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If a toddler’s first encounter with cooked peas results in the all the peas remaining on the plate, this doesn’t mean that peas should be permanently off the menu. Research shows that a child may need to be exposed to a food 10 times or more before accepting them. Parents also should not remove healthy foods, like broccoli or green beans, from a child’s diet because they themselves don’t like them. Children will often adapt to the foods made available to them.
Young children have more taste buds than adults, so foods can taste stronger to them. This can sometimes seem to narrow their food preferences. Parents may think, “My child only eats chicken nuggets and fries,” or “She hates vegetables.” Though it’s true that toddlers often demonstrate "picky eating," parents should not give up on encouraging them to try and accept new foods.
Hang in there. As a teenager, you will not be able to keep ENOUGH food in the house!
Recognize that it is your responsibility as a parent to prepare and serve the food to your child and your child's responsibility as to how much he/she eats. Also realize that it can take anywhere from 10-20 exposures to a new food before developing a palate. After 3 failed attempts at introducing a new food take a break and try again in a few days/weeks. Encourage your child to enjoy a wide variety of foods, colors, textures and flavors by modeling eating behavior and leading by example. Explore the grocery store or local market together to select new foods. Serve small, bite-size portions of a new food with familiar foods at the meal. Encourage and praise rather than bribe. Recognize age-appropriate portion size of foods that are being served. Keep family mealtime positive. Young children often don't like foods touching each other so try to use divided plates/bowls to separate different foods.
The best way to get your children to try new foods is to offer a variety of healthy foods early on so they are accustomed to trying new foods and develop a varied palate. In order to avoid food battles, it's best to offer the food but not force or bribe your child to eat it. You may need to offer it many times before the child tries it. Some experts say this can be as much as 15 times before the child is familiar enough with the food to want to try it.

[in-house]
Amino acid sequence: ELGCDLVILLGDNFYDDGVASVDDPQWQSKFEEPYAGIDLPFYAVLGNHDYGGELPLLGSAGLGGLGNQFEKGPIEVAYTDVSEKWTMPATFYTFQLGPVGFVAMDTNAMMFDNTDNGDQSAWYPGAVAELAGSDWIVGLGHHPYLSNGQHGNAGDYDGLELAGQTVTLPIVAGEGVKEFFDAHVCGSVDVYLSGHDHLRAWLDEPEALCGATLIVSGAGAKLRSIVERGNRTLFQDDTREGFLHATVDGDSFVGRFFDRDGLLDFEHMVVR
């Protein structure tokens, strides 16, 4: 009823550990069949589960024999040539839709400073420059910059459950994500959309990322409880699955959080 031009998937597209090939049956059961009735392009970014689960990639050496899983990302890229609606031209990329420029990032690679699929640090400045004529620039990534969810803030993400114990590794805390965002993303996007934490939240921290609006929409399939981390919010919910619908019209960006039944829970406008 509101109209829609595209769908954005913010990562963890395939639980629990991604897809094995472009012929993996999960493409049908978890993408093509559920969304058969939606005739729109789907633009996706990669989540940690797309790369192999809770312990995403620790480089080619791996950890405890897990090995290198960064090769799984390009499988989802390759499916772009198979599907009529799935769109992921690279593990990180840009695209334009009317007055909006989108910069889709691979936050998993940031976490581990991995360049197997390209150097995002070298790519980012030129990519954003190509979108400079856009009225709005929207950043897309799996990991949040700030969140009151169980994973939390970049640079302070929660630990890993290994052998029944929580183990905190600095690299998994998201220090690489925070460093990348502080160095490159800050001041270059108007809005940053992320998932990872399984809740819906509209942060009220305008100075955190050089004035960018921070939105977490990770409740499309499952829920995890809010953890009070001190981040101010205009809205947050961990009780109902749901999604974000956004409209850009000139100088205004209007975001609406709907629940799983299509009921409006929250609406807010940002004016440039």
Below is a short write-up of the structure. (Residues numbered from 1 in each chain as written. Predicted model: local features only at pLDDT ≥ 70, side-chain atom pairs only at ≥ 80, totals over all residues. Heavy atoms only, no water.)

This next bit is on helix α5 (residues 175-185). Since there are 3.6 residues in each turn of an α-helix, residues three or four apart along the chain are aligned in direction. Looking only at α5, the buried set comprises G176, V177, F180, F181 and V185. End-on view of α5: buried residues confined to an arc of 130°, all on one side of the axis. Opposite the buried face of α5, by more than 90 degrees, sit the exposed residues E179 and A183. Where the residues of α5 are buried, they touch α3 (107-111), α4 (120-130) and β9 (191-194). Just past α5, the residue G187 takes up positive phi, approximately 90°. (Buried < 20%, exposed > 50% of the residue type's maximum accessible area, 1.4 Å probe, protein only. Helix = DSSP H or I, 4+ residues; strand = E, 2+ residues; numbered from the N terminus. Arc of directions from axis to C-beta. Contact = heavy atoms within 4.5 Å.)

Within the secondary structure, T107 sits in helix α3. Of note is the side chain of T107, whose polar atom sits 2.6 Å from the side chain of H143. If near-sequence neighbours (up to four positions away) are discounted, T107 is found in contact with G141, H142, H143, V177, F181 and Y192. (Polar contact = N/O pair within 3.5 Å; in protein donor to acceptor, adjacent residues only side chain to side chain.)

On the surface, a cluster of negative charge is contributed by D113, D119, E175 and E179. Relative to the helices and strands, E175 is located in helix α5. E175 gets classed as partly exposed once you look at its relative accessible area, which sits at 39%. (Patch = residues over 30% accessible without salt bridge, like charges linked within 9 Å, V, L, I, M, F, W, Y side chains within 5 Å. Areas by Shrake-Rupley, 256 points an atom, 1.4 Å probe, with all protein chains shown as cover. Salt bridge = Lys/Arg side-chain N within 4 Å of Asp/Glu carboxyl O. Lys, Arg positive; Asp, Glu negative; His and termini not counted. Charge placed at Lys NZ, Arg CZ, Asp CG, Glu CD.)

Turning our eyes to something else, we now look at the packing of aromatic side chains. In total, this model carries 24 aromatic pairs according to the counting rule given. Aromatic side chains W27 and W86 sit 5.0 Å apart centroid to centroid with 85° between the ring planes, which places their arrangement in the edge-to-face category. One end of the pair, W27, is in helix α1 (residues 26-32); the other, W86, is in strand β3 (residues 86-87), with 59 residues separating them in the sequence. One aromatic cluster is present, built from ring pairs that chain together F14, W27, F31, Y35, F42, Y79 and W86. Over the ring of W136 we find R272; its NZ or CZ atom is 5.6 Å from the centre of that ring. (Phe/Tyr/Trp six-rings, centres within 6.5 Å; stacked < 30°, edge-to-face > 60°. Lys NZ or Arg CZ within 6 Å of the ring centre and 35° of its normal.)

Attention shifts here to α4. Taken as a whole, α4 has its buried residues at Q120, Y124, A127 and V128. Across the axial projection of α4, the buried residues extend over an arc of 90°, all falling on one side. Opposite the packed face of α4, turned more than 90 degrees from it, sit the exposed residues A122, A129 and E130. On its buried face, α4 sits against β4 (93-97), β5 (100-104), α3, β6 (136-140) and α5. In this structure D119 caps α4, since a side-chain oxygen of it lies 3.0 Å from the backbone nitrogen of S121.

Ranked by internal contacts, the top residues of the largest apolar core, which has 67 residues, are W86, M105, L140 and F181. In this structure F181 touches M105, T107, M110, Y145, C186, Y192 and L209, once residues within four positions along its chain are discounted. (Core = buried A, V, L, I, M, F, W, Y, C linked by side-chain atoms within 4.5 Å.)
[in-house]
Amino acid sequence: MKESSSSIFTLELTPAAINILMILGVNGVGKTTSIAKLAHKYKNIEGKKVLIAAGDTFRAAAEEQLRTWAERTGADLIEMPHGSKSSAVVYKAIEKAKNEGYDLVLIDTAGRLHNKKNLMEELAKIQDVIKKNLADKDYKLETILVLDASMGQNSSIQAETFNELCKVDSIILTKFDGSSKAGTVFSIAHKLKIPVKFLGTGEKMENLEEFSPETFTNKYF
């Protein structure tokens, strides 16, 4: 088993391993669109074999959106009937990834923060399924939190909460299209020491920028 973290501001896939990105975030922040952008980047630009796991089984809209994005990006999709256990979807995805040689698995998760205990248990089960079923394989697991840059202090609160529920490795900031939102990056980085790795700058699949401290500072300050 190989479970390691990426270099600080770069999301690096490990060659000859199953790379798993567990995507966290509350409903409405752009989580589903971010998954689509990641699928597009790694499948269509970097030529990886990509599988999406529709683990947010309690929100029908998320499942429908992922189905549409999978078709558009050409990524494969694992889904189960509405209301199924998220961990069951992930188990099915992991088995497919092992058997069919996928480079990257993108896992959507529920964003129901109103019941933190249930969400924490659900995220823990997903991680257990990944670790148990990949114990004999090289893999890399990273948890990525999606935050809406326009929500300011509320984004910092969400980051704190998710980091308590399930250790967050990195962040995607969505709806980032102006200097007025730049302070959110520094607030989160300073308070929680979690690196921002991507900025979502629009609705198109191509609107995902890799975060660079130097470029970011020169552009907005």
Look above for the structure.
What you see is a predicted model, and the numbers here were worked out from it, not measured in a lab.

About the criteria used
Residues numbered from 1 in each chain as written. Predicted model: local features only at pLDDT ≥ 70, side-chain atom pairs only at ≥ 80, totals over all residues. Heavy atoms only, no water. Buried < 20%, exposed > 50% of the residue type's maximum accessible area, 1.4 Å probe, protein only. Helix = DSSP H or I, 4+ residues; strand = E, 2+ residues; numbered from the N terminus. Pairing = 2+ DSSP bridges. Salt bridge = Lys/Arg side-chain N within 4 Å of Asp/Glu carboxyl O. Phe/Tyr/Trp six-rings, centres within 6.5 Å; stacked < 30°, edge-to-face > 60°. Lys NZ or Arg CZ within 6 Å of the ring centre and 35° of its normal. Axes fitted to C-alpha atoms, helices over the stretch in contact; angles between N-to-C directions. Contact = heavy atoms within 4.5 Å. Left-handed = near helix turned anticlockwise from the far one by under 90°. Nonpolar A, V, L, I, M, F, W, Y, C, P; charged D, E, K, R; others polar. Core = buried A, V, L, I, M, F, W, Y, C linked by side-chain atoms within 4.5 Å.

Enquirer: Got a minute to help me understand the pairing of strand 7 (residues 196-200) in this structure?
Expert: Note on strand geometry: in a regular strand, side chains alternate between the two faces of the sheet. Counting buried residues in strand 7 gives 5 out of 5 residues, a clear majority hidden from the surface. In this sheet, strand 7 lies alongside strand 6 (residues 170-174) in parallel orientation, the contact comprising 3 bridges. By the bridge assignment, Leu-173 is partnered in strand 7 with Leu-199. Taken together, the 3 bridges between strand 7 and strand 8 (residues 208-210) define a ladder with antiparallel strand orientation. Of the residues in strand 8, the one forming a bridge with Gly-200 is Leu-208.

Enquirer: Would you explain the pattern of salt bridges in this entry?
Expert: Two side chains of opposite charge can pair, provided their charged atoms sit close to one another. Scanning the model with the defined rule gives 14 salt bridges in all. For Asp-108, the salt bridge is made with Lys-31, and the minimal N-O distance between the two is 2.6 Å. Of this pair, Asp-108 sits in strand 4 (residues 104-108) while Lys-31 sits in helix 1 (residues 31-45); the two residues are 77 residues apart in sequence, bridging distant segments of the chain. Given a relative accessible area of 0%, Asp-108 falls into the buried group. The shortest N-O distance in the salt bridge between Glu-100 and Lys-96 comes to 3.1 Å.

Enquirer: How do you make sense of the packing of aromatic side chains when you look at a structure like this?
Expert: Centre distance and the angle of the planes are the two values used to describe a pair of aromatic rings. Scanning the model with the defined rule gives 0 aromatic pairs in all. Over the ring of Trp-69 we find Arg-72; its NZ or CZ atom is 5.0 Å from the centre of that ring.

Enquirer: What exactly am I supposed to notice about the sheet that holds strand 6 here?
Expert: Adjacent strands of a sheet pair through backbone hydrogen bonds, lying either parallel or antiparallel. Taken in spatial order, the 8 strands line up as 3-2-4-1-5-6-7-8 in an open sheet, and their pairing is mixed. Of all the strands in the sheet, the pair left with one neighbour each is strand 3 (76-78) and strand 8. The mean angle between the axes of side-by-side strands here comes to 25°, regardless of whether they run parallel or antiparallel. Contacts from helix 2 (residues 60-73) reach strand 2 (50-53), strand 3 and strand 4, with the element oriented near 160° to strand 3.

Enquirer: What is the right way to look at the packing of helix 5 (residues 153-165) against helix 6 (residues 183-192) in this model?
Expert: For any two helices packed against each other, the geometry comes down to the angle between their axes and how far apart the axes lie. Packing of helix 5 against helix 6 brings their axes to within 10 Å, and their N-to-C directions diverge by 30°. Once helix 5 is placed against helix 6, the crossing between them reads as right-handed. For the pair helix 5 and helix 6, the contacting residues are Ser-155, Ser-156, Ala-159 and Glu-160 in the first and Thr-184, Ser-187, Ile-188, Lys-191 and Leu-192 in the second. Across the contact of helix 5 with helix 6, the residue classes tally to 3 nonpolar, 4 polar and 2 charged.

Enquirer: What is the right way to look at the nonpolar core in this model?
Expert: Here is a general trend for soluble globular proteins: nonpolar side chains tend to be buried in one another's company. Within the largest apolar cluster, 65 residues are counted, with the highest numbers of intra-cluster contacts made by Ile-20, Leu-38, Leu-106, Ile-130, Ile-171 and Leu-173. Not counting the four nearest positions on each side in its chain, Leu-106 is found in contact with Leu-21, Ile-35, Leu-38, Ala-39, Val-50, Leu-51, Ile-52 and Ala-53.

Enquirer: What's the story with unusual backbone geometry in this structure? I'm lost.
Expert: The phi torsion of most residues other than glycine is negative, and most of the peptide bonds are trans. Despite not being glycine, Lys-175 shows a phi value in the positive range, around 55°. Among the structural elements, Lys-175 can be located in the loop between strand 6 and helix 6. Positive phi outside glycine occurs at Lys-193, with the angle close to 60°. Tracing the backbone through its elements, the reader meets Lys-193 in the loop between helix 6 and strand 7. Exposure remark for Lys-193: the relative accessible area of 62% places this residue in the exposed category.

Sometimes my 3 year old won't try something as yummy as a donut because it's not something I've offered to him before and he does not think it will taste good. Obviously that is not a food I'll keep trying to get him to taste. But by offering healthy foods on several occasions and letting your toddler get used to the idea of trying something new, you can be successful.
Just remember this simple rule: it's the parents' job to offer healthy foods and it is the child's job to choose if he'll eat it and how much of it he'll eat. This can help you avoid food battles that can become more about "power" struggles than nutrition.
The American Academy of Pediatrics conducted a study of toddler age children that concluded the average toddler may need to see a new food on their plate at least 10 times before they will eat it!
Here are some tips for introducing new foods:
- Always let her know what she is eating. At the beginning of each meal, point at each item on her plate and tell her what it is. The more she hears about it, the more familiar it becomes.
- Offer new foods first and at times when she is most hungry. When children are hungry or first sit down to a meal, they will often eat without thinking about what they are eating.
- Don't give up. Try very small portions of new foods, so you can throw them out without feeling guilty about wasting food and be patient -- 10 times can seem like a long time.
- Encourage your child to "try it." Do not force her to eat, but ask her several times during a meal to "try" the new food. Show her how you "try it" too -- make it look like fun to try new foods!
This content reflects information from various individuals and organizations and may offer alternative or opposing points of view. It should not be used for medical advice, diagnosis or treatment. As always, you should consult with your healthcare provider about your specific health needs.